Post-Eurovision intrigues in the Caucasus: what happened in the public vote?


Gender, Peace and Protest

When I was a kid, Ireland won the Eurovision four times in five years (between 1992 and 1996). In retrospect, those were the golden years, leading us into the economic boom of the Celtic Tiger and the political windfall of the Good Friday/Belfast Agreement. I remember ditches filled with primroses; I remember waking up to find cows wandering around the garden and staring in our front window. But it was also a time of uncertainty and change. I remember hearing the heady debates on the car radio, as Ireland squeaked towards a referendum on divorce – our second attempt, and one which only passed by a margin of less than 10,000 votes. The Woman Who Walked Into Doors, a novel about a battered woman (as they were then called), was at that time controversial enough to be discussed by ten-year-olds in the school playground.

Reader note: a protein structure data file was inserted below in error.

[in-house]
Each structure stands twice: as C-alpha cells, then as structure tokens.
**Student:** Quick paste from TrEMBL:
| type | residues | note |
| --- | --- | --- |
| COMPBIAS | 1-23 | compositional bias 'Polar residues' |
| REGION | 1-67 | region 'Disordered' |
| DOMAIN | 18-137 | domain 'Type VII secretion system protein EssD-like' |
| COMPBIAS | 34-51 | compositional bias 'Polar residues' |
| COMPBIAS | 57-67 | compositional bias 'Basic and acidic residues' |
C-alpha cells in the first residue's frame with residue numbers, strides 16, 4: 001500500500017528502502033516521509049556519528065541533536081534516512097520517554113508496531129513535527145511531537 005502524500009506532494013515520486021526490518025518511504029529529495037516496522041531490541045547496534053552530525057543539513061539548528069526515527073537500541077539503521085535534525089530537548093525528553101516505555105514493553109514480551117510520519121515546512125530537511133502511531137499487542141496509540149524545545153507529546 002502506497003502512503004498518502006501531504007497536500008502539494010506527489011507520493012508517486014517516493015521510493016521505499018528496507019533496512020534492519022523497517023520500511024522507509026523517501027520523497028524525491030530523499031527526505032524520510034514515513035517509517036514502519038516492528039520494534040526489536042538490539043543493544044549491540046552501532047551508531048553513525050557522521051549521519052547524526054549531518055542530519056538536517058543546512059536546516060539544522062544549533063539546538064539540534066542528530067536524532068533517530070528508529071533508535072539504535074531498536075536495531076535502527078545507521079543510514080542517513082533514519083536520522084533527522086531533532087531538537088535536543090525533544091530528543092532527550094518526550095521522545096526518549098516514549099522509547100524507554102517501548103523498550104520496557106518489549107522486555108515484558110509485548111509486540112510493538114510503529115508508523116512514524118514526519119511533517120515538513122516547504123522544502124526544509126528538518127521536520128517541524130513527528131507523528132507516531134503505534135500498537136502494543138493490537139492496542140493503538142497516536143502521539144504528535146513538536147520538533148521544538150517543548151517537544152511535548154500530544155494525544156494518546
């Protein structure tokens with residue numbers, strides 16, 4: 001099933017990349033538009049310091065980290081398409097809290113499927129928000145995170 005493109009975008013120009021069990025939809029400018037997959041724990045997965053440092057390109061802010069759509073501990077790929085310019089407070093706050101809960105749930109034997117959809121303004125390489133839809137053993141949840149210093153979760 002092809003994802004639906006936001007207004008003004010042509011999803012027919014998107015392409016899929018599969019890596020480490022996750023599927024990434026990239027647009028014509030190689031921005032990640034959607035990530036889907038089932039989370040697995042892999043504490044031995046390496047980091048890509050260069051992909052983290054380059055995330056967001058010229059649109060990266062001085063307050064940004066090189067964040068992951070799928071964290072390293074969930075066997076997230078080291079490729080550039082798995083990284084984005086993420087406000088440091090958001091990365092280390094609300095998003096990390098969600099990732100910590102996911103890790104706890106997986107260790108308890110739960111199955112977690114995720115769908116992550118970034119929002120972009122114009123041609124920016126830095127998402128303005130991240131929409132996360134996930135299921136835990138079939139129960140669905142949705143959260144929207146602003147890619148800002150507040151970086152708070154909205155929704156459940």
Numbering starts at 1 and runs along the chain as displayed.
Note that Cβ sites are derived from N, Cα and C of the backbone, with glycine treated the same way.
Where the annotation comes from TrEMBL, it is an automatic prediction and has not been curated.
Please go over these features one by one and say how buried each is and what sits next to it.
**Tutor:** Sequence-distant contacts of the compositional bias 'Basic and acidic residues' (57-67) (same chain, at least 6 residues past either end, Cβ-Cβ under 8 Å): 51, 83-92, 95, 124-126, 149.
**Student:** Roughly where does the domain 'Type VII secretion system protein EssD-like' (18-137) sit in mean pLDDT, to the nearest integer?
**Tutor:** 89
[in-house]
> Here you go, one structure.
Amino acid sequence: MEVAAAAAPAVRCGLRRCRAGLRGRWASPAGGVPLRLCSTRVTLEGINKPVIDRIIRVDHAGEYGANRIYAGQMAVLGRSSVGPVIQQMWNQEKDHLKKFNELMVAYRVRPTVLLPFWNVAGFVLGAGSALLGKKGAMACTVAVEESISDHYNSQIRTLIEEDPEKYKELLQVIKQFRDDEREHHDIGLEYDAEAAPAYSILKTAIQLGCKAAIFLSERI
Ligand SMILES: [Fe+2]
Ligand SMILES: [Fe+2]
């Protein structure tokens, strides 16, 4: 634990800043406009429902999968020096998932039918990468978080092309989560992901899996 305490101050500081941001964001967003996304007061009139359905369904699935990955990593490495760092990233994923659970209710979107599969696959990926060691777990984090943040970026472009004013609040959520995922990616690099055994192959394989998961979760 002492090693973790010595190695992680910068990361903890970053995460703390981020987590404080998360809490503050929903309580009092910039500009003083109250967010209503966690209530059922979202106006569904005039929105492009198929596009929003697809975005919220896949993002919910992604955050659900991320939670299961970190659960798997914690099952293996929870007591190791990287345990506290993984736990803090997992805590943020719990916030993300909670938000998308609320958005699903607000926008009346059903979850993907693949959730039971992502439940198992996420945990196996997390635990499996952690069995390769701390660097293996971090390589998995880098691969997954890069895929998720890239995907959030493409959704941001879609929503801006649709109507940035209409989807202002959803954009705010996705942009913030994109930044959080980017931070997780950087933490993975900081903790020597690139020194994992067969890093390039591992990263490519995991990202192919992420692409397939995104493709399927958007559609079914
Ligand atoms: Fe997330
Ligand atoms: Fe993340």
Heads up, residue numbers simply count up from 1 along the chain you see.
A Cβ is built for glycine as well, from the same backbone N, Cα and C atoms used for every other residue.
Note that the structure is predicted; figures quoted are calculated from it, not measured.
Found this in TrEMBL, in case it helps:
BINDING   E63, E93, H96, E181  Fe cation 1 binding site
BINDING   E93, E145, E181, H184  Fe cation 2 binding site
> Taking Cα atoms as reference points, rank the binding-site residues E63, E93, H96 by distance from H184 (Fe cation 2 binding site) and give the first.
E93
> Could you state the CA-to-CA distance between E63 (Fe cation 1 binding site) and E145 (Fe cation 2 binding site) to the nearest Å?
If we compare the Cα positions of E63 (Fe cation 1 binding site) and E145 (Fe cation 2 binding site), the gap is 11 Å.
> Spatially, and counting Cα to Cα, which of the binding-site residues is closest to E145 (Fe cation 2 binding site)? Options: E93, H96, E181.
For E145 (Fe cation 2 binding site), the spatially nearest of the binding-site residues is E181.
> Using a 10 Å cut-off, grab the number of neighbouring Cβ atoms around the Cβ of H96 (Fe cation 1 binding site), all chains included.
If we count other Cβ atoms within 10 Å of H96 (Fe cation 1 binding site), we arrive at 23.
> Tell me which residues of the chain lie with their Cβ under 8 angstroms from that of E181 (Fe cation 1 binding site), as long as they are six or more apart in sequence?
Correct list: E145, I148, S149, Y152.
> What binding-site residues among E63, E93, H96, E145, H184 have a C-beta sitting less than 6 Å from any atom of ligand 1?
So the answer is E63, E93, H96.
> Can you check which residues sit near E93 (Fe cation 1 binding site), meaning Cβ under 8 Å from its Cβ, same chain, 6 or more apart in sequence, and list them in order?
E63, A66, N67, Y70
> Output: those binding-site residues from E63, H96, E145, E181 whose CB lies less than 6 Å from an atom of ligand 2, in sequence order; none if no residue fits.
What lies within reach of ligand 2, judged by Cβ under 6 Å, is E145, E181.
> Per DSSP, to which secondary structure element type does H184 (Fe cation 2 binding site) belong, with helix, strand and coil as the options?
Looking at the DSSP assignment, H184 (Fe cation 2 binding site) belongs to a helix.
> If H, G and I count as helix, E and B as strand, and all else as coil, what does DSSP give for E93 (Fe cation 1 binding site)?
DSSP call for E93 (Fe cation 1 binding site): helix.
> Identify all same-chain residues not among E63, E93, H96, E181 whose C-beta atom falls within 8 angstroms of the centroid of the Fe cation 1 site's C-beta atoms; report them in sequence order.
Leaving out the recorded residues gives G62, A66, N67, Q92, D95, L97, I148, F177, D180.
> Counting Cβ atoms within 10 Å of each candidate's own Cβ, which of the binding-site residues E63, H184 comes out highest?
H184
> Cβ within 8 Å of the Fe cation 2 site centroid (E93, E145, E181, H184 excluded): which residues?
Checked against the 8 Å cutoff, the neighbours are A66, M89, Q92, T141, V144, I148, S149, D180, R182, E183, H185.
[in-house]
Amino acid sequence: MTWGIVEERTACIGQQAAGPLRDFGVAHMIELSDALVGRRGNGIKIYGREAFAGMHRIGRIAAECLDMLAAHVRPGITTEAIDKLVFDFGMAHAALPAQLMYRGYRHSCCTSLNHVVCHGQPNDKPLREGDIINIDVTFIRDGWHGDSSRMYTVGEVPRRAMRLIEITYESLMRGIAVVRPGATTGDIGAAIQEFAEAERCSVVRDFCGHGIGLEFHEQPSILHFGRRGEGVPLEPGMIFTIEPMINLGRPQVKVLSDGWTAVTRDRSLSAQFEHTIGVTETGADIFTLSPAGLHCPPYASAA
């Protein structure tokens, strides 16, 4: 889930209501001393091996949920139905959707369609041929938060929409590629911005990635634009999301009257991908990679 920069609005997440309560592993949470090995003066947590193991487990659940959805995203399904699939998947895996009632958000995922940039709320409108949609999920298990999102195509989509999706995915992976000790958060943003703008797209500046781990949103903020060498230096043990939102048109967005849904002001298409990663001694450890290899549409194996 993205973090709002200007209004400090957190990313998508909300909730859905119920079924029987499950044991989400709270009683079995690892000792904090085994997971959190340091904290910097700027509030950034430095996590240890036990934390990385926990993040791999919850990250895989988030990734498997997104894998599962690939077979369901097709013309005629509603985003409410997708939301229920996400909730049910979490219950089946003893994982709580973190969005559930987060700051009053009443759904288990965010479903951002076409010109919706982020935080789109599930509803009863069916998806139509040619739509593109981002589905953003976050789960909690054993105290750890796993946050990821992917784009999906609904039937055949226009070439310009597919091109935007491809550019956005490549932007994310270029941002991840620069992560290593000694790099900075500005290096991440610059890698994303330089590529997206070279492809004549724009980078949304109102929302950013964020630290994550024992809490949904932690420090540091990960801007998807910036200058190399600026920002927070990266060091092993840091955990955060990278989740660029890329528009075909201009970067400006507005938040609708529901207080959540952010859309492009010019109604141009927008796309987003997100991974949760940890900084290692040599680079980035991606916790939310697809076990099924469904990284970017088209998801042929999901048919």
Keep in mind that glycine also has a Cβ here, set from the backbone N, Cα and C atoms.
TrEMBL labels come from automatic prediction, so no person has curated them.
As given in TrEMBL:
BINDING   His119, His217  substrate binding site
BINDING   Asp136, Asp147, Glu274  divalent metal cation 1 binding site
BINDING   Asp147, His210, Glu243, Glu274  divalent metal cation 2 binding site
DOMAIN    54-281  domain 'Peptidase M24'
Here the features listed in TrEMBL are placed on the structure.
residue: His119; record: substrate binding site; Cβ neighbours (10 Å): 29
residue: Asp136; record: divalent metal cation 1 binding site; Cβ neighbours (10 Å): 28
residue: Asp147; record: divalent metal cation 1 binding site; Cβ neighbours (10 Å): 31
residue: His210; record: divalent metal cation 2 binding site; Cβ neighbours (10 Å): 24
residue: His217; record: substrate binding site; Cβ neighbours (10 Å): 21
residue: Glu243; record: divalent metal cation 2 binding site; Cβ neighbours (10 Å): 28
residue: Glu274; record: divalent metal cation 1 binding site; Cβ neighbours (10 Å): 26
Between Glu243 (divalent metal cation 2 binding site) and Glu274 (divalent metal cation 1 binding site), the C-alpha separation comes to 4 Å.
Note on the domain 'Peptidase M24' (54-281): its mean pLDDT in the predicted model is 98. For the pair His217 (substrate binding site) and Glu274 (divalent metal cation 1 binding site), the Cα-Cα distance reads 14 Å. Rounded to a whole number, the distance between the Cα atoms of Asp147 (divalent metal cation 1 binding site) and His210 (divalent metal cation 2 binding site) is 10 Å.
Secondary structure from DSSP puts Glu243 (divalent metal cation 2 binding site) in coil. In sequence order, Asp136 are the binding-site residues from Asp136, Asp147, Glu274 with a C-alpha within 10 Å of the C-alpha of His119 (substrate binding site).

To try to sum the rest of…

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